With September being World Alzheimer’s Month and World Alzheimer’s Day coming up on September 21, this is a good time to review some basic facts about this illness and take a look at some recent research that suggests we may have more control over our cognitive destinies than we may think.
It is said people fear Alzheimer’s disease (AD) more than they fear cancer. Perhaps this is because even though the death toll from cancer still remains high, advances over the last several decades have improved outcomes so greatly that cancer survivors—individuals who underwent successful treatment and subsequently remain cancer-free—are now relatively commonplace. It is not commonplace, however, to meet an Alzheimer’s survivor. In fact, as far as anyone knows, they are nonexistent. According to the Alzheimer’s Association, AD is the sixth leading cause of the death in the US and the fifth leading cause among people age 65 or older. One in ten people age 65 or older are afflicted, for a total of nearly six million Americans currently living with the disease, and projections for this to reach 14 million by 2050.
Pharmaceutical drugs developed for this condition have very little impact on the course of the illness. At best, they can perhaps slightly delay disease progression, while at worst, drugs studied in the past were shown to actively worsen the illness. The track record of clinical trials is so disappointing, in fact, that at least one major pharmaceutical manufacturer has essentially waved the white flag and has stopped pursuing development of drugs for AD.
The lackluster performance of most potential AD drugs may be rooted in their mechanism of action. Many of these drugs are gamma-secretase inhibitors, intended to reduce formation of the infamous amyloid plaques often implicated in the pathogenesis of the illness. However, a large and continuously growing body of research indicates that amyloid is more likely a result, rather than a cause, of the condition, and it may even be protective against oxidative damage in the brain. The amyloid hypothesis is increasingly being abandoned because it “is no longer supported by the majority of experimental evidence.” Moreover, as we covered in a past article looking at the amyloid hypothesis, there are AD patients who lack significant amyloid buildup in the brain and conversely, there are individuals who do have substantial amyloid burden yet exhibit no signs or symptoms of cognitive decline.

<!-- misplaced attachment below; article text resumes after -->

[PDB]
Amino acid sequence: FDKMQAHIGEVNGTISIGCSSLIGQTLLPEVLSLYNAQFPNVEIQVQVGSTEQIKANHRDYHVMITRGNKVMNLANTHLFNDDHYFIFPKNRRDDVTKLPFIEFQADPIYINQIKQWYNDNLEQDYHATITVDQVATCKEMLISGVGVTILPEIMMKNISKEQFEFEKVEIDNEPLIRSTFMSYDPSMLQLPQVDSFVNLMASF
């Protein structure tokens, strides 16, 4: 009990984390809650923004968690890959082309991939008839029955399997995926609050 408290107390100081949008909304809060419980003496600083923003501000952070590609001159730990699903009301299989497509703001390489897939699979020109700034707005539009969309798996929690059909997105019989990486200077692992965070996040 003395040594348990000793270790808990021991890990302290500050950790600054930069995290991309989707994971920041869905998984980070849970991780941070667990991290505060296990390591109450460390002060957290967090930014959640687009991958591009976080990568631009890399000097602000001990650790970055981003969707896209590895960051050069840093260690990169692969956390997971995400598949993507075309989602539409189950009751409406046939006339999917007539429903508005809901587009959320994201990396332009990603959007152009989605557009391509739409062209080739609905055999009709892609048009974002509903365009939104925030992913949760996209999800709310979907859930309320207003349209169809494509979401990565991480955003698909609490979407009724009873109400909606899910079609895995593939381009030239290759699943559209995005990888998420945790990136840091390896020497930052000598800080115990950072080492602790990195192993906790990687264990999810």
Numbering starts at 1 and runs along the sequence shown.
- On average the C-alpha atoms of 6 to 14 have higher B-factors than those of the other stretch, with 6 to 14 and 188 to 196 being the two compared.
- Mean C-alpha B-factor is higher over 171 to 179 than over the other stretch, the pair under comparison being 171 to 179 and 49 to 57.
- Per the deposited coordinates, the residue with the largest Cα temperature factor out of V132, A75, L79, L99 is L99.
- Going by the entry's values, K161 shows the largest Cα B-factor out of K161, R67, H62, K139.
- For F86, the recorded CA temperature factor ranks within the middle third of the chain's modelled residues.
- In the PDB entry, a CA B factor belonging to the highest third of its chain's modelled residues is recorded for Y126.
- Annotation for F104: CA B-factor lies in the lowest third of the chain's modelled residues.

Looking beyond drug therapies, dietary and lifestyle interventions are showing promise for improving cognitive performance in individuals with mild cognitive impairment or mild AD. The cornerstone of these encouraging protocols is a ketogenic diet. This very low-carb, high-fat way of eating has shown enormous benefit for those with metabolic syndrome and/or type 2 diabetes, so perhaps it’s not surprising that it appears to be somewhat beneficial for cognitive impairment, as AD is now often referred to as “type 3 diabetes.” Overlap between cognitive decline and features of metabolic syndrome are so striking that the phrase “metabolic-cognitive syndrome” has been coined to indicate the strong association between the two.
The primary pathological feature of the AD brain is a substantial decrease in brain glucose metabolism. Chronic hyperinsulinemia is a major risk factor for the condition regardless of family history or ApoE4 status. This is the main rationale for using a ketogenic approach: it’s well established that even though metabolism of glucose is impaired in the AD brain, ketone metabolism is not, so raising ketone levels either via a ketogenic diet or use of exogenous ketones (typically a beta-hydroxybutyrate salt or ester) may be able to help compensate for this gap in fuel for the brain.